Whitepaper Released At GESS Delivers Insights Into Regional Edtech Use compared with schools worldwide
The efficiency of technology-based education for teachers reaches an impressive 66%, compared to 45% in North America and the UK
Schools across the Middle East are world beaters in delivering higher outcomes than their peers worldwide, particularly in technology use, according to a research-based whitepaper released today.
The whitepaper - What’s Working in EdTech Today: Middle East Insights for Success – was released by Canadian Edtech innovator SMART Technologies to coincide with its participation in GESS, the Middle East’s leading education conference and exhibition, which is running at the Dubai World Trade Centre from November 15-17.
The white paper research was based on a survey of more than 3,500 teachers, IT administrators, and leaders in technology and educational policy development and implementation across the globe, including professionals from the UAE Saudi Arabia, Palestine, Oman, Lebanon and Israel.
The survey findings put the Middle East in poll position when it comes to the use of technology in education (Edtech), according to the whitepaper authors.
“The research data reveals that schools in the Middle East are preforming better than their global counterparts, showing higher outcomes especially when it comes to effectiveness of teaching and learning with technology,” explained Nadia Baraghithi, SMART’s Middle East Education Consultant.
In the region, the efficiency of technology-based education for teachers reaches an impressive 66%, compared to 45% in the international markets, including North America and the UK.
“We also see that schools reporting the highest outcomes in the region are using technology that provides interactive, collaborative learning experiences such as game-based and assessment software. Schools that are using non-interactive technology – like static projection systems, are reporting lower outcomes.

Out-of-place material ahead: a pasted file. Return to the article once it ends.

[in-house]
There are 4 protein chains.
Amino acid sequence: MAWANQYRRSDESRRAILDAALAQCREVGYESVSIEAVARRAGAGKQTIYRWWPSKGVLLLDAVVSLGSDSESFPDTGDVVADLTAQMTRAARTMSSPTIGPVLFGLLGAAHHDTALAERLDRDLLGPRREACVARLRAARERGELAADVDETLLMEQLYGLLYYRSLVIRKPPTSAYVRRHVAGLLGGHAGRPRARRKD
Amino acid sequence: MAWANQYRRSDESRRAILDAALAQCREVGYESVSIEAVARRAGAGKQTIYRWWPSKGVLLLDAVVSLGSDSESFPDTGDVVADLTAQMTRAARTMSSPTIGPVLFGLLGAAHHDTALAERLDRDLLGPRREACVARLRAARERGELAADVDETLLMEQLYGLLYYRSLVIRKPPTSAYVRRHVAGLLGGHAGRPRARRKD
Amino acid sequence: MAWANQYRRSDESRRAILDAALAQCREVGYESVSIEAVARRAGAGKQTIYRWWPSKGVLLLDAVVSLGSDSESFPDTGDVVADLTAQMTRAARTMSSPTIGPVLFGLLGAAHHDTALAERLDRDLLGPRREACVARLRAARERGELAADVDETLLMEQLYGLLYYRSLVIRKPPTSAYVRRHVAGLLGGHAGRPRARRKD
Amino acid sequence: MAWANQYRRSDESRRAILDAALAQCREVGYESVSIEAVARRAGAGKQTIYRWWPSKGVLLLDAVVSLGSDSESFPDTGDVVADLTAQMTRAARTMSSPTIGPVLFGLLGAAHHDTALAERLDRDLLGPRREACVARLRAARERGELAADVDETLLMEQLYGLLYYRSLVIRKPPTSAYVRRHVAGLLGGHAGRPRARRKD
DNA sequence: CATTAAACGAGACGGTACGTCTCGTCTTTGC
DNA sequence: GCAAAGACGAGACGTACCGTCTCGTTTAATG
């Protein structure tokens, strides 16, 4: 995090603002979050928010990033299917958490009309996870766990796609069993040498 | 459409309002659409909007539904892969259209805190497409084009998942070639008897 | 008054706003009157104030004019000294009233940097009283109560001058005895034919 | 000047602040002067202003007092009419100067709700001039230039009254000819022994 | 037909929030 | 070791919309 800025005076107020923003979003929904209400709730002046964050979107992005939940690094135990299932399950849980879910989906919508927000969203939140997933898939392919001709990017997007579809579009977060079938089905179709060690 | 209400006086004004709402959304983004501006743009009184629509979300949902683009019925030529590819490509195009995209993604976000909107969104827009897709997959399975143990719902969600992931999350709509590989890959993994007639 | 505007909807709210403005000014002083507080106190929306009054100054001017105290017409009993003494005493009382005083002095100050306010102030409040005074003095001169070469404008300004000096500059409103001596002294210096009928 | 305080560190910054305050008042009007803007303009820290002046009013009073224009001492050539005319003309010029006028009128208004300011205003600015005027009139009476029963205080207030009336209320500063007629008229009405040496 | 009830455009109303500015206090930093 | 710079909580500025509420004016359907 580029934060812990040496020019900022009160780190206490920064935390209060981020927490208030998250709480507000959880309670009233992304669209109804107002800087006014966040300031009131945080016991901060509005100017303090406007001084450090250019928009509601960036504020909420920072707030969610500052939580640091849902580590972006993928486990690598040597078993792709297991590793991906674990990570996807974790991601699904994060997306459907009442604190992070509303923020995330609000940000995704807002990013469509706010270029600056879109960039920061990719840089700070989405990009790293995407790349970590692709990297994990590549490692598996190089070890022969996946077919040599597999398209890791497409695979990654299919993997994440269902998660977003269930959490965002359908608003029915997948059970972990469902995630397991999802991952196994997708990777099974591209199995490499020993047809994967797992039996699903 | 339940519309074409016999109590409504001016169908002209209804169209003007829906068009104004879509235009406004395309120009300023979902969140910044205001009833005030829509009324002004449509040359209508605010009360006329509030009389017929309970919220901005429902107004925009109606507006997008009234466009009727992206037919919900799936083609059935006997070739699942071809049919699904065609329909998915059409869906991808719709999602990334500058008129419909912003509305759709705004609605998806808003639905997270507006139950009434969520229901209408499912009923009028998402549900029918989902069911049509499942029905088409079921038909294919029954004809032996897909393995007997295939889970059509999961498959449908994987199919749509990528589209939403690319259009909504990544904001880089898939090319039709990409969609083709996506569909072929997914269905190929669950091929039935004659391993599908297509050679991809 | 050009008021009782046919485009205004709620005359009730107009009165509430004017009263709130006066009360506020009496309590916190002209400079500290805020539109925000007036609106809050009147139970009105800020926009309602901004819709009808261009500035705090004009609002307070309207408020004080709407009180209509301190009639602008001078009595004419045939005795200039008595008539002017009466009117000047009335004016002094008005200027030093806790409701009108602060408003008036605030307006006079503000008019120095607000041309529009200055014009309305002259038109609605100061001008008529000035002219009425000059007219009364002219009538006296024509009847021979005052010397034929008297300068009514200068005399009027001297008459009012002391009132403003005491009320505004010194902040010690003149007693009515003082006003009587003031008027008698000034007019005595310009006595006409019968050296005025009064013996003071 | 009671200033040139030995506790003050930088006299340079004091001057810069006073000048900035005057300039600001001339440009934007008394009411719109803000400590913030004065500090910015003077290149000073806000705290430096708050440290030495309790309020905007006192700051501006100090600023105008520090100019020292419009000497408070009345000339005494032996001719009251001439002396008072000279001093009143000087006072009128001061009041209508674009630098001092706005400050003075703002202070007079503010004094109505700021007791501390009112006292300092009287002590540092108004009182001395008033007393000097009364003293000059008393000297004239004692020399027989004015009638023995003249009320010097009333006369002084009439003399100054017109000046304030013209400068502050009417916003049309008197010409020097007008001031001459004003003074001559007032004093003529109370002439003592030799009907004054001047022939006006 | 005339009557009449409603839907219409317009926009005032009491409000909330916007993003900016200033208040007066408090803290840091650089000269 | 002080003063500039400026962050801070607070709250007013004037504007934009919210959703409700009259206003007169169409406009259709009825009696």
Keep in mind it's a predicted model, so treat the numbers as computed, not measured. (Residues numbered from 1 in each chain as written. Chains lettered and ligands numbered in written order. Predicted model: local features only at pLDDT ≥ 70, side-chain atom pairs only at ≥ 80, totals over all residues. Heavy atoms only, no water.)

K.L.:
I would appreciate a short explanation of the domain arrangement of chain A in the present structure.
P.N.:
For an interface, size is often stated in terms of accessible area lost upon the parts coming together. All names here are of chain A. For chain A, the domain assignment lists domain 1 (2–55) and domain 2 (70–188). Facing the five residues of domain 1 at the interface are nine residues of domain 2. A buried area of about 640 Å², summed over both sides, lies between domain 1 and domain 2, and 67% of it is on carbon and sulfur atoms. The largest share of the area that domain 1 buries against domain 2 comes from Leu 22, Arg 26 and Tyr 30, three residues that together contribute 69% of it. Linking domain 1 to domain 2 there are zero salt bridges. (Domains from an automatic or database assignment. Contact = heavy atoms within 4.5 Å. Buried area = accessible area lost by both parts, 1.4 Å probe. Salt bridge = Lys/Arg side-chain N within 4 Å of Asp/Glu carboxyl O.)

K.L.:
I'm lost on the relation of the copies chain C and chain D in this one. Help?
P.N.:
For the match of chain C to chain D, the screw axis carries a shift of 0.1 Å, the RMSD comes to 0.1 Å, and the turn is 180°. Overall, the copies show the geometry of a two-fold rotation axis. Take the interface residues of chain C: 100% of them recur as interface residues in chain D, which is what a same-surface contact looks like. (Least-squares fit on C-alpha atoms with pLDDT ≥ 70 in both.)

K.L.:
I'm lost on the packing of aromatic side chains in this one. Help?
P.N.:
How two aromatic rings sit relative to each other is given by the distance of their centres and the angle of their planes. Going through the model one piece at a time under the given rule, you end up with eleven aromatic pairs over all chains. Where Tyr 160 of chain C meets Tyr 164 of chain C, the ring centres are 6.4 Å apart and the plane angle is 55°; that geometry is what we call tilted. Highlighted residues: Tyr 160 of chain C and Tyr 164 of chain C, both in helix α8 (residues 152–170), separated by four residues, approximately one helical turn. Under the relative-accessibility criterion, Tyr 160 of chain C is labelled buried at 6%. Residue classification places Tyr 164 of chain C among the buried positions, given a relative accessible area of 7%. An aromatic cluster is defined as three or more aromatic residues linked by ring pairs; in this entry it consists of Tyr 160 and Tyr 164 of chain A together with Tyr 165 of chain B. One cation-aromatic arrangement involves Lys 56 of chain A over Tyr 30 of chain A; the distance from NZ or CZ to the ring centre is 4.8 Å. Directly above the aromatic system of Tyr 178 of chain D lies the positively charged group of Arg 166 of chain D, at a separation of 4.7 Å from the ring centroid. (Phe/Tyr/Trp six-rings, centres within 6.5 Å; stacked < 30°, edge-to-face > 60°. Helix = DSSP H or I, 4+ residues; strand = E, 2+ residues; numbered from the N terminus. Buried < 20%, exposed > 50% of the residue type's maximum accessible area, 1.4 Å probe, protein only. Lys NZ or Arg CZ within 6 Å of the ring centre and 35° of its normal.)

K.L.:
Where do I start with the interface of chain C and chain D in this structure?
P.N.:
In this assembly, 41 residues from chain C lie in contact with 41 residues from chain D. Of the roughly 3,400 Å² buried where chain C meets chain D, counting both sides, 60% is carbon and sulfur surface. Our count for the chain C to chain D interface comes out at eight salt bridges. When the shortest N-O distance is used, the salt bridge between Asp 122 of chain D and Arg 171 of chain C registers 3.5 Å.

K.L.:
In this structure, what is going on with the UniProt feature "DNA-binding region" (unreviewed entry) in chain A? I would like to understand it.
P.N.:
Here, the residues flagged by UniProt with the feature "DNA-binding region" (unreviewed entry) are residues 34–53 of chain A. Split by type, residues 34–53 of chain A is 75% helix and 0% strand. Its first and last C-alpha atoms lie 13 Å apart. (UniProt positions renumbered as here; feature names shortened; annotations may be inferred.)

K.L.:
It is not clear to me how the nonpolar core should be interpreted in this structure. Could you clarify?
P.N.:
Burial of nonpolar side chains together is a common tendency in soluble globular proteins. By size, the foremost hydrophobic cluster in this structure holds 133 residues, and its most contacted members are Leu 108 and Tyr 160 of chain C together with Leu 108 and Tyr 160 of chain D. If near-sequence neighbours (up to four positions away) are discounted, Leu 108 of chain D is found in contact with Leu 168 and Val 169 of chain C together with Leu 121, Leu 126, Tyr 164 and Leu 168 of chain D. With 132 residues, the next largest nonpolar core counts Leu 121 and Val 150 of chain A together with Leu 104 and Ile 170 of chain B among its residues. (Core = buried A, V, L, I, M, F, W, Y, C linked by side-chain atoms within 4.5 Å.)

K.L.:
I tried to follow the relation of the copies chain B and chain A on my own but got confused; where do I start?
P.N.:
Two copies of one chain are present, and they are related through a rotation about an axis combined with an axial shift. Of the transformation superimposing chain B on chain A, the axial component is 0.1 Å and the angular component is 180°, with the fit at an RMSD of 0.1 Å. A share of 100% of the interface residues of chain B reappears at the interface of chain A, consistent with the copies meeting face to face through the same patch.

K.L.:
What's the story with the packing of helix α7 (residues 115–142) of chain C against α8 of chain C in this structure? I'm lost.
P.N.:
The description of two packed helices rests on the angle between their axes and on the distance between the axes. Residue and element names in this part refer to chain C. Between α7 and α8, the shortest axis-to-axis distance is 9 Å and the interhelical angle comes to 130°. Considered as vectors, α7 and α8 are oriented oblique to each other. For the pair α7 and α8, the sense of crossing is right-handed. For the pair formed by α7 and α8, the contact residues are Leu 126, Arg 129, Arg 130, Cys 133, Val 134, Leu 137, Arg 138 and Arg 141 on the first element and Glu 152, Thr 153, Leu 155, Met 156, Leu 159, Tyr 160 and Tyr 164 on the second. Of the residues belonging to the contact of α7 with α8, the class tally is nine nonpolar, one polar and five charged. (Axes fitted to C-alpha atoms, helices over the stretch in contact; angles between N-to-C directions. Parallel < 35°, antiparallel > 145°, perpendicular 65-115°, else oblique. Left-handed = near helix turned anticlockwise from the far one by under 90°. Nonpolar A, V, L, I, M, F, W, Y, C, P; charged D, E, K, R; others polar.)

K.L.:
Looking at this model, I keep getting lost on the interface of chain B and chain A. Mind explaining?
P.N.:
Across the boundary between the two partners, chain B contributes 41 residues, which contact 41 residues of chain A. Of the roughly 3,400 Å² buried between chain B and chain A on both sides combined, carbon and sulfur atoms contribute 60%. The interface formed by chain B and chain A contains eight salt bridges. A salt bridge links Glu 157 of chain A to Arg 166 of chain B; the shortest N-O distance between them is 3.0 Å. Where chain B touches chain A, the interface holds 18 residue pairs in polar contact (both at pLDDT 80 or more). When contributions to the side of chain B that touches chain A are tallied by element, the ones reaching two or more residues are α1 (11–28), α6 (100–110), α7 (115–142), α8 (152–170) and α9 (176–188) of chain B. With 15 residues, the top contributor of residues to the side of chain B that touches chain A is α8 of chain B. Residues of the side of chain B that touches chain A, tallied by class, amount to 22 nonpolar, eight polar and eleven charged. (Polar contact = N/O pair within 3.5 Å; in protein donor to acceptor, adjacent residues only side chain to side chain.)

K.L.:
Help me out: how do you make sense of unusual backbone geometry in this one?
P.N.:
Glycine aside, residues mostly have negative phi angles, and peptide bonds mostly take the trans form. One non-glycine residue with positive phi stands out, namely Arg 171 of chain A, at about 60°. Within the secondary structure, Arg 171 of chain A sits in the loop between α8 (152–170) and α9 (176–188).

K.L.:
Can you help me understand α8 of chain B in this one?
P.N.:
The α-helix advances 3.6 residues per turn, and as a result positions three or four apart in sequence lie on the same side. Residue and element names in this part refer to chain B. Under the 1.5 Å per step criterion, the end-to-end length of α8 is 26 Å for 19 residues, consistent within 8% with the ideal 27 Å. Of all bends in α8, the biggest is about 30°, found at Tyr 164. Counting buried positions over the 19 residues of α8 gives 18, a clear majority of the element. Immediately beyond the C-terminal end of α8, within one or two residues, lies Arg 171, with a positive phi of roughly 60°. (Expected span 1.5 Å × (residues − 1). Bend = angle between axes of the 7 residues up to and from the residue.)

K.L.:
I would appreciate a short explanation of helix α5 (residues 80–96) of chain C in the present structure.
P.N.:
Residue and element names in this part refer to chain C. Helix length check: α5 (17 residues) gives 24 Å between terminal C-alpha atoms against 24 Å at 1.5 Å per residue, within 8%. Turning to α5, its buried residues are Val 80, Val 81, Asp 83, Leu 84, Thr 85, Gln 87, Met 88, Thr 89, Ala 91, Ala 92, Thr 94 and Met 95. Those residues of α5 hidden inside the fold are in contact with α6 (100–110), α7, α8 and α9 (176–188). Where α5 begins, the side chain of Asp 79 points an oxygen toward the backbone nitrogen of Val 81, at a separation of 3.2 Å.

In terms of students, education efficiency currently stands at 69% in the Middle East, compared to 44% globally, yet students in the region that receive digital-centric education are 58% likely to meet academic performance standards, compared to 38% for students in other areas of the world.
“Along with reporting better outcomes than respondents in the rest of the world, Middle East respondents report slightly higher levels of development in 96%, meeting performing metrics, many capabilities, with some exceptions.”
While overall the survey findings make for good reading for Middle East educators, it also identifies some gaps.
“Though overall, Middle East respondents reported more technology use than respondents elsewhere, it did pinpoint a 5% lower regional use of interactive displays compared with the rest of the world,” said Aaron Fright, SMART’s Regional Sales Director.
The whitepaper goes on to highlight areas where the Middle East could further its Edtech use ranking including enabling student participation in tech planning and implementation, assessment and measurement of students' engagement and progress; the valuation and focus of professional development activities; provision of collaborative professional development opportunities for educators; precision focused technology investment.
SMART is seeking to share the whitepaper with educators at GESS where it is displaying its versatile technology and software products that keep students engaged and connected, wherever they are, and the SMART EdTech Assessment tool, which helps educators gain actionable insights on their own technology performance.
“The research data highlights how technology that helps to move classrooms from passive knowledge-gathering spaces to interactive, stimulates environments, keeping students engaged and connected with their learning. The whitepaper data, coupled with the science of learning tells, us that when students can connect and interact in various ways, and are active participants in their own learning, they are more engaged. This leads to better retention and comprehension,” added Fright.
“The formula for success with educational technology is to start with pedagogy, then select software that supports existing teaching practice, and lastly, choose hardware that best supports the use of that software.”